It was on a trip through St. Louis nearly twenty years ago that I first appreciated Bill Clinton was a force of nature. I was newly married, and Bill Clinton was also on a honeymoon of sorts--in the Oval Office, new to the job, the man from Hope. We were staying with former business colleagues of my husband's who were eager to share with the world their opinion of the Clintons via fax machine.
I'd never seen such vitriol directed at a political figure, stuff about state troopers and sexual escapades and apparent unfitness for the office.
They made a copy for us, somehow assuming it would change our lives or our opinions, and we continued our drive south.
The next eight years were, as Nicholas Cage so perfectly intones in "Raising Arizona," the salad days.
Life seemed peaceful and prosperous. We were very much in love, and Bill Clinton was in The White House. We didn't much care whether the person occupying that office was a Democrat or a Republican, as long as the world seemed that idyllic. I'd loved Jimmy Carter--the first vote I'd ever cast as a young college student, absentee ballot--but had slowly come to appreciate that he wasn't the most effective president. No, Bill Clinton seemed to be successful, and effective, and was leading the country that direction. Things were good.
We were in London a few years later, August 1998, walking through the electronics department of Harrods, and on the first plasma screens we'd ever seen, complete with $10,000 price tag, was Bill Clinton, clarifying to citizens everywhere his relationship with Monica Lewinsky, undone by careless behavior and a dress.
Of all the things that didn't make sense in that particular scandal, the reputed charisma and star power of Bill Clinton seemed to be displaced. Jack Kennedy had a Hollywood icon. Bill Clinton had an intern.
Whatever anyone thought of the Clintons personally or politically, it was impossible not to find them compelling and intriguing, and like many, I wondered if Bill Clinton the person actually matched Bill Clinton the idea, the notion, the possible myth.
It was a beautiful summer day in Washington, D.C., June 7, 2008, that I finally got to answer that question when I met the Clintons. I had been invited to attend Hillary's final speech of her campaign for president, something I couldn't, and wouldn't, miss. Following the speech I met Bill Clinton, then Hillary and finally Chelsea, and was absolutely thunderstruck by the force of something that exceeded simple charisma. It was, as the French say, that certain je ne sais quoi.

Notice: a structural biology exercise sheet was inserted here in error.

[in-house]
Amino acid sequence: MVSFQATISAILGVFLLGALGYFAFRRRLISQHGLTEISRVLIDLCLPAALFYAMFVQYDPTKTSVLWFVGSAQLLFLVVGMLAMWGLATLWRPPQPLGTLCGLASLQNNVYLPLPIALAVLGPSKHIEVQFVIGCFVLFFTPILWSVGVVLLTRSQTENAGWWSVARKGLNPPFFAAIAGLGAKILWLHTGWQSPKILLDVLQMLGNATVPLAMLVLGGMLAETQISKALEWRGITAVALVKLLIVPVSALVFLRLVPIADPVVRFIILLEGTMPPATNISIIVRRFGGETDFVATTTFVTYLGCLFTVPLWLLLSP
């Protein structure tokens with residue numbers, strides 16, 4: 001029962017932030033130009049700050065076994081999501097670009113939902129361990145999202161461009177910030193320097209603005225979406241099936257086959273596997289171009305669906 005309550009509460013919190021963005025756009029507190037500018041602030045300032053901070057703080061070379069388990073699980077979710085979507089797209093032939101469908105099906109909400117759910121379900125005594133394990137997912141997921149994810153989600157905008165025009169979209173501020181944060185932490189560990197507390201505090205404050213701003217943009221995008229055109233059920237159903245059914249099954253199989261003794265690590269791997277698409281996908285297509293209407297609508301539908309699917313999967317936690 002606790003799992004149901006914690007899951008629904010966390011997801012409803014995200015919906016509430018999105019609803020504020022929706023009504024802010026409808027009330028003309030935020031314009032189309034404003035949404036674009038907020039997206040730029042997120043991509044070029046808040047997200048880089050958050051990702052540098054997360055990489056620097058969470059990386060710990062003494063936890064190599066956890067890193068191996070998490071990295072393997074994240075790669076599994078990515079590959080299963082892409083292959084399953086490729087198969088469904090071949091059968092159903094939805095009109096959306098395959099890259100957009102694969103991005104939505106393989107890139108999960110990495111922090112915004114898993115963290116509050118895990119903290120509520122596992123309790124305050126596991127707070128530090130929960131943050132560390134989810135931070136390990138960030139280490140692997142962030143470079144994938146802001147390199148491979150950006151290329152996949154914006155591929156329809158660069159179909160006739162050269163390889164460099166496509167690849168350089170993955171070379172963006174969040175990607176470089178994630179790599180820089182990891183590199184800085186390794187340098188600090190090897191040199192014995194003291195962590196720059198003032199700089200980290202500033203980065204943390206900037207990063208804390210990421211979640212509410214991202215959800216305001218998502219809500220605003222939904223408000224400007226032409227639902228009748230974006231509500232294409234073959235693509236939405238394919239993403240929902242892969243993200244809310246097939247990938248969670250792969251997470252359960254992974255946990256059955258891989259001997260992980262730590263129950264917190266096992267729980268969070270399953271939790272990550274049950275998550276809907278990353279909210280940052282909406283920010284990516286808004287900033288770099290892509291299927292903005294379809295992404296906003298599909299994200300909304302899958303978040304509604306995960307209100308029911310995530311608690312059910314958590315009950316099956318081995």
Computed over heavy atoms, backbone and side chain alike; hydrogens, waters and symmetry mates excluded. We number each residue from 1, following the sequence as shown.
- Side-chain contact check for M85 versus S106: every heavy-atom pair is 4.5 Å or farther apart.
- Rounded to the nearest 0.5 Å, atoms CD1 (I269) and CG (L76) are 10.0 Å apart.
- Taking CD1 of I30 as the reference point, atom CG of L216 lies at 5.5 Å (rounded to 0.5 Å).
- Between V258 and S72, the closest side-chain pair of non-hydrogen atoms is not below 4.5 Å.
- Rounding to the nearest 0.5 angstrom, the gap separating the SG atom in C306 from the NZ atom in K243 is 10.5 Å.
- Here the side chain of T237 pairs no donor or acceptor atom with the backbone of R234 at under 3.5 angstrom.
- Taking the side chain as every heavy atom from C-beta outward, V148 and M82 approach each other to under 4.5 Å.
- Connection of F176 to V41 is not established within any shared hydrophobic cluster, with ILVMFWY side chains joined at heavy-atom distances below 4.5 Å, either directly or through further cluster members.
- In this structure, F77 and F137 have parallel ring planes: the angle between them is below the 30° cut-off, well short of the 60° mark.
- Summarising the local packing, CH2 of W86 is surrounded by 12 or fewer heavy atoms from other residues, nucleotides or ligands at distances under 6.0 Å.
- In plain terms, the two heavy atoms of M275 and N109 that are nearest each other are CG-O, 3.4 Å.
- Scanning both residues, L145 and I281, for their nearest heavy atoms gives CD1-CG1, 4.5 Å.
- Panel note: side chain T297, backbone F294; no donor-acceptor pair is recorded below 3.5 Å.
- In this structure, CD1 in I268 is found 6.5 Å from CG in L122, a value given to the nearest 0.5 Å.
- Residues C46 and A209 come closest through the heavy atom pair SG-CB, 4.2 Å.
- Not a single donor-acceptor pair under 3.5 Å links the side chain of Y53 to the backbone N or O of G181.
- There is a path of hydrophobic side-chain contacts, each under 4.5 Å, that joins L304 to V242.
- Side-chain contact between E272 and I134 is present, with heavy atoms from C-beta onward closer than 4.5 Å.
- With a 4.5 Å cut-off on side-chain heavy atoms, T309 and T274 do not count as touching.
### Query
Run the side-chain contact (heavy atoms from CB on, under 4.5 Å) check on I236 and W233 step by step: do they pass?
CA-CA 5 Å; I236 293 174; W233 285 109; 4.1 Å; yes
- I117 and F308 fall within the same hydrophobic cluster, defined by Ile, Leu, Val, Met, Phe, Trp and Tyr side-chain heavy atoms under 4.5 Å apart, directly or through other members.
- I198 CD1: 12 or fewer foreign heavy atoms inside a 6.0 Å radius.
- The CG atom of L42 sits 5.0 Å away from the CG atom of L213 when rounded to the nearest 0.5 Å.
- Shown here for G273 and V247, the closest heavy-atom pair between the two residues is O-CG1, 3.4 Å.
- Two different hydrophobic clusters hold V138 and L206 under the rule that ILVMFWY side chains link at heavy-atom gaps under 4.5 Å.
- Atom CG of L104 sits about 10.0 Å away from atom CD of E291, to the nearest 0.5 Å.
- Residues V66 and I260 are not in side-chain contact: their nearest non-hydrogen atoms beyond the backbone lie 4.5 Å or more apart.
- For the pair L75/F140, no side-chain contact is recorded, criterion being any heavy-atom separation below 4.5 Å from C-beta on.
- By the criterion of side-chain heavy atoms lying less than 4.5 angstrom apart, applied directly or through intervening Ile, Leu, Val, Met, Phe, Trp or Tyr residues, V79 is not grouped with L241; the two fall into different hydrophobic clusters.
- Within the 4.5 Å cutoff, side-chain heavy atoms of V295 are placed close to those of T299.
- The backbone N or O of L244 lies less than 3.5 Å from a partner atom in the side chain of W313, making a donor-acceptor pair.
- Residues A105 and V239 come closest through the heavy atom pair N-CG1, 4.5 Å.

How could that be? Bill Clinton had been bloodied by a very public impeachment and a nasty primary campaign at his wife's side. But there it was. It radiated. It was more than an expensive haircut, impeccable grooming, and gracious manner. He was personable and engaging. He had many people to meet, but looked me directly in the eye as he extended his hand, treating me, yes, as if I was not just the only person in the room, but the only person in the world. He thanked me for coming up all the way from Florida, for making the sacrifice, asked about my husband, who was not then well enough to travel with me and had stayed behind, thanked me for his service.
Was it seductive? Yes. But Hillary did exactly the same, extended her hand, locked eyes, acted sincerely interested, set aside a minute or two of her time just for that moment, that person. Above all, I was struck by the enormous beauty of her person and presence. The camera, the media clearly do her no favors.
I had met the Clintons. I'd unlocked a secret of the universe, satisfied that they indeed had their own orbit. It centered on their extraordinary people skills, something few possessed.
A few months later, I had the honor of also meeting a newly inaugurated president, Barack Obama, on his first official outing to Florida, and the experience was quite different. The hand came out but the eyes went one direction and the mouth still another, no connection. Perfunctory. I knew then, this new young president would really need to learn that handshake, that moment, but maybe it was something that couldn't be taught, couldn't be gifted, and was something that just was. Ineffable je ne sais quoi.
Last night, as Bill Clinton was the star attraction and pinch hitter in Charlotte and Hillary Clinton was a world away on a diplomatic mission, denied the presidency, now Secretary of State, I knew. I knew not only how angry and disappointed Bill Clinton was at the end of his wife's campaign four years ago, because I'd witnessed it, I knew he was the only person for the job. He wasn't there to shake just one hand, but millions, and he did just that.
I knew, because I'd shaken that hand. I knew.
Photo courtesy of William Jefferson Clinton Library